opportunity to smoke. Once this came to the attention of the attorney for [Scott],
The facts are set out more fully in the Magistrate Judge's Report and Recommendation.
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the trial court directed that a different bailiff . . . replace Mark Tinsley to oversee
the jury members' activities." Ultimately, the jury convicted Scott.
Scott appealed and raised, inter alia, the issues of Tinsley's testimony and
Tinsley's continued work as a bailiff. The Alabama appellate court affirmed
Scott's conviction, finding that Scott's claims were not preserved because he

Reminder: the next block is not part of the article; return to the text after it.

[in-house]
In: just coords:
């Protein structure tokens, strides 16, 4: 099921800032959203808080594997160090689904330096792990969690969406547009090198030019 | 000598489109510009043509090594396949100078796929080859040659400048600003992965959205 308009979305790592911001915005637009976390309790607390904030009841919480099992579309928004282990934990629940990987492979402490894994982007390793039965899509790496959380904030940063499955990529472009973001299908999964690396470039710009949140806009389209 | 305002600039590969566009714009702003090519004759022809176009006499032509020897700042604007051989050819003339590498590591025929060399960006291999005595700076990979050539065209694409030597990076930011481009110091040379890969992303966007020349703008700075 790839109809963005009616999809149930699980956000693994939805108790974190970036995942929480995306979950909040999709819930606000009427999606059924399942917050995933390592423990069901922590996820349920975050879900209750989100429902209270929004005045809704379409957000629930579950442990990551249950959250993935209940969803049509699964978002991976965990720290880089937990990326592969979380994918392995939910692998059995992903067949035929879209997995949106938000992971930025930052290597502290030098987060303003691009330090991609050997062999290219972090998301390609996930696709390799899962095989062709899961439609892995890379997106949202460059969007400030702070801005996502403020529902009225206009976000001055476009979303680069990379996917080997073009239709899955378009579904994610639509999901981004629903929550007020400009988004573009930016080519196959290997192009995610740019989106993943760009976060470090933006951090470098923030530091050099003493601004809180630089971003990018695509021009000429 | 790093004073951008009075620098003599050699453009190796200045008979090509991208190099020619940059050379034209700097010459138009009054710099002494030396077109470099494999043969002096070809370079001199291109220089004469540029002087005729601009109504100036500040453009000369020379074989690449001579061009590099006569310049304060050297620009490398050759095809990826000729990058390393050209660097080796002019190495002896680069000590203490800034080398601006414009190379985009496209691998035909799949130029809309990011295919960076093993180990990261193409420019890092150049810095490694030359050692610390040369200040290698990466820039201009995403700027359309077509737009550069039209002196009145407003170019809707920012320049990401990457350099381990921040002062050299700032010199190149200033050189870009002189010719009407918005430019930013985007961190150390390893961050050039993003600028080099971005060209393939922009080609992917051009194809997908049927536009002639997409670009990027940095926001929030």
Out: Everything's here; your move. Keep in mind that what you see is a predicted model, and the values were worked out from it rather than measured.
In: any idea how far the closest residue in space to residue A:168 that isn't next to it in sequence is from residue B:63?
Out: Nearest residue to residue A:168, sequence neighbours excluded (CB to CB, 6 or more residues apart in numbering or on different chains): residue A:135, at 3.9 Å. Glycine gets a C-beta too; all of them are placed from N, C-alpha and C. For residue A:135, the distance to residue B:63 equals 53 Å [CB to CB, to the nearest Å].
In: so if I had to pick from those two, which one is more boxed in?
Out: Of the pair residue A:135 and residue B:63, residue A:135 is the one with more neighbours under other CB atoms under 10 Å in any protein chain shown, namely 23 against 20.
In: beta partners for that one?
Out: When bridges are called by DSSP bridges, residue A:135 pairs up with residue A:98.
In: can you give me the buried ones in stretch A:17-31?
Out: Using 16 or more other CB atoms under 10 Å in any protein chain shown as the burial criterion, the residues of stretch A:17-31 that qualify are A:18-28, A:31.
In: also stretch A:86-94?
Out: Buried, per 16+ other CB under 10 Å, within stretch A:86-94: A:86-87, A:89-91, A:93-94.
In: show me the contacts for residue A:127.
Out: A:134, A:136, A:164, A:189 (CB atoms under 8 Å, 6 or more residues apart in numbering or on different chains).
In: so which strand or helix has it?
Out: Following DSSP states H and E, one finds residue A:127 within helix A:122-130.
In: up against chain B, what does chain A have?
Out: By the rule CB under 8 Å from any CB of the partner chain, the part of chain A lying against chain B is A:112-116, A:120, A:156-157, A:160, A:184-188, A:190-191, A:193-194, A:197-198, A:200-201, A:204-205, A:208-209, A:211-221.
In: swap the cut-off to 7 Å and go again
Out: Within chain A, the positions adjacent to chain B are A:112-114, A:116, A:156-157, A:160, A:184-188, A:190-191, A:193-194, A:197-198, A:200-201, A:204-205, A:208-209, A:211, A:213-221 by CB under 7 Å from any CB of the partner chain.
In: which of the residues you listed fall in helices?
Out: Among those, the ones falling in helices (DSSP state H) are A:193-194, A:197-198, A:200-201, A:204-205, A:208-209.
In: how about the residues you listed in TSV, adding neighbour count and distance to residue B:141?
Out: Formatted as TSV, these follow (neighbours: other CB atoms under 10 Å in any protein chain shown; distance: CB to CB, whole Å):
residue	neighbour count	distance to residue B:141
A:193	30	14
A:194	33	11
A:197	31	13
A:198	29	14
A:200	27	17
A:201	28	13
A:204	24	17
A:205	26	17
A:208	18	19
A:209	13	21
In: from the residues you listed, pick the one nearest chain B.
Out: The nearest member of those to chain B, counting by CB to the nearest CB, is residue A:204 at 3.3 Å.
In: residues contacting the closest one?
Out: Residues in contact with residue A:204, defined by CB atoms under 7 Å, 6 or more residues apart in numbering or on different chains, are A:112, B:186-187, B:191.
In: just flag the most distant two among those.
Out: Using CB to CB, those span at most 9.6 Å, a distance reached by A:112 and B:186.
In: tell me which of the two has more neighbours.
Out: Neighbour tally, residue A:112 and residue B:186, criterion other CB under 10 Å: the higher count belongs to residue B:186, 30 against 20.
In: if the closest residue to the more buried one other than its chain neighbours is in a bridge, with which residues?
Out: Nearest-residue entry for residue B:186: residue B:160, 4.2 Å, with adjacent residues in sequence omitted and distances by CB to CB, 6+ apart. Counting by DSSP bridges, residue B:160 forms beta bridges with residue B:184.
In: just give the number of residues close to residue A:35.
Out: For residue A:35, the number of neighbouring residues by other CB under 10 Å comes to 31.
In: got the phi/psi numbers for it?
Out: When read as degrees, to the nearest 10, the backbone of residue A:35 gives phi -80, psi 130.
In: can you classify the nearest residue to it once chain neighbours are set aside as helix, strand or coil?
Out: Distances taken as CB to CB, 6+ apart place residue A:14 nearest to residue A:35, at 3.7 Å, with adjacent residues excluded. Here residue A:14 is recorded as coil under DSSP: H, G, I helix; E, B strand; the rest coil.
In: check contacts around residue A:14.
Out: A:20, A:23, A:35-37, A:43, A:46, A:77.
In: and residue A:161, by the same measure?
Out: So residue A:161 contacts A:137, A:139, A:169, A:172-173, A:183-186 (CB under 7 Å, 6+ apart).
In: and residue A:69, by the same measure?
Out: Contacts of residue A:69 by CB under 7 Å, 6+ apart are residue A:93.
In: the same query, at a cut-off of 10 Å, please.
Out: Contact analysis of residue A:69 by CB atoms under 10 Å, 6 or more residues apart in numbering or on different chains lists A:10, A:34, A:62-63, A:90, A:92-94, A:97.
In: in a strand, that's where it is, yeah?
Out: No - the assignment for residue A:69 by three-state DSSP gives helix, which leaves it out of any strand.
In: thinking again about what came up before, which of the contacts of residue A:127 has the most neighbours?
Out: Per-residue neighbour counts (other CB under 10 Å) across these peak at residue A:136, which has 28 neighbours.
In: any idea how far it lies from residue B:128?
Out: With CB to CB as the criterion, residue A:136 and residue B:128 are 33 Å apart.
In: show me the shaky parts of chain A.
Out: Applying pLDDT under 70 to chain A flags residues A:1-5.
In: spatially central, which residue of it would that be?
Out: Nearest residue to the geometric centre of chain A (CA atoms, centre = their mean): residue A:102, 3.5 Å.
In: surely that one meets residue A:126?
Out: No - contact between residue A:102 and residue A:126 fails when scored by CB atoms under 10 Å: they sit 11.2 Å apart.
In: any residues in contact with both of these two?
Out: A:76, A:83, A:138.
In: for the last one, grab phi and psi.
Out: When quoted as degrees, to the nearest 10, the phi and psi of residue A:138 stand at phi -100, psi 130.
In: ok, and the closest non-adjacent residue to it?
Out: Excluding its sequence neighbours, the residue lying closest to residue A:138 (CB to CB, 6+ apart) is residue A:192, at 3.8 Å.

failed to object at trial. The Alabama Supreme Court denied review.
Scott later filed a post-conviction petition in state court pursuant to
Alabama Rule of Criminal Procedure 32, asserting that, inter alia, Scott's trial
counsel provided ineffective assistance by failing to (1) object to the introduction
of Tinsley's testimony and (2) move for a mistrial in light of Tinsley's contact
with jurors following his testimony. The petition was denied. On appeal, the
Alabama Court of Criminal Appeals discussed the United States Supreme Court's
standard for ineffective assistance of counsel claims under Strickland v.
Washington, 466 U.S. 668
(1984). The court noted the need for a petitioner to
establish prejudice by showing that the outcome of the case would have been
different but for the trial attorney's errors. In reference to Scott's claim regarding
the introduction of Tinsley's testimony, the court stated:
Tinsley's testimony concerned Scott's family interacting with
witnesses, specifically that he observed Marcus Scott giving money to
an individual in the courtroom who was accompanying a defense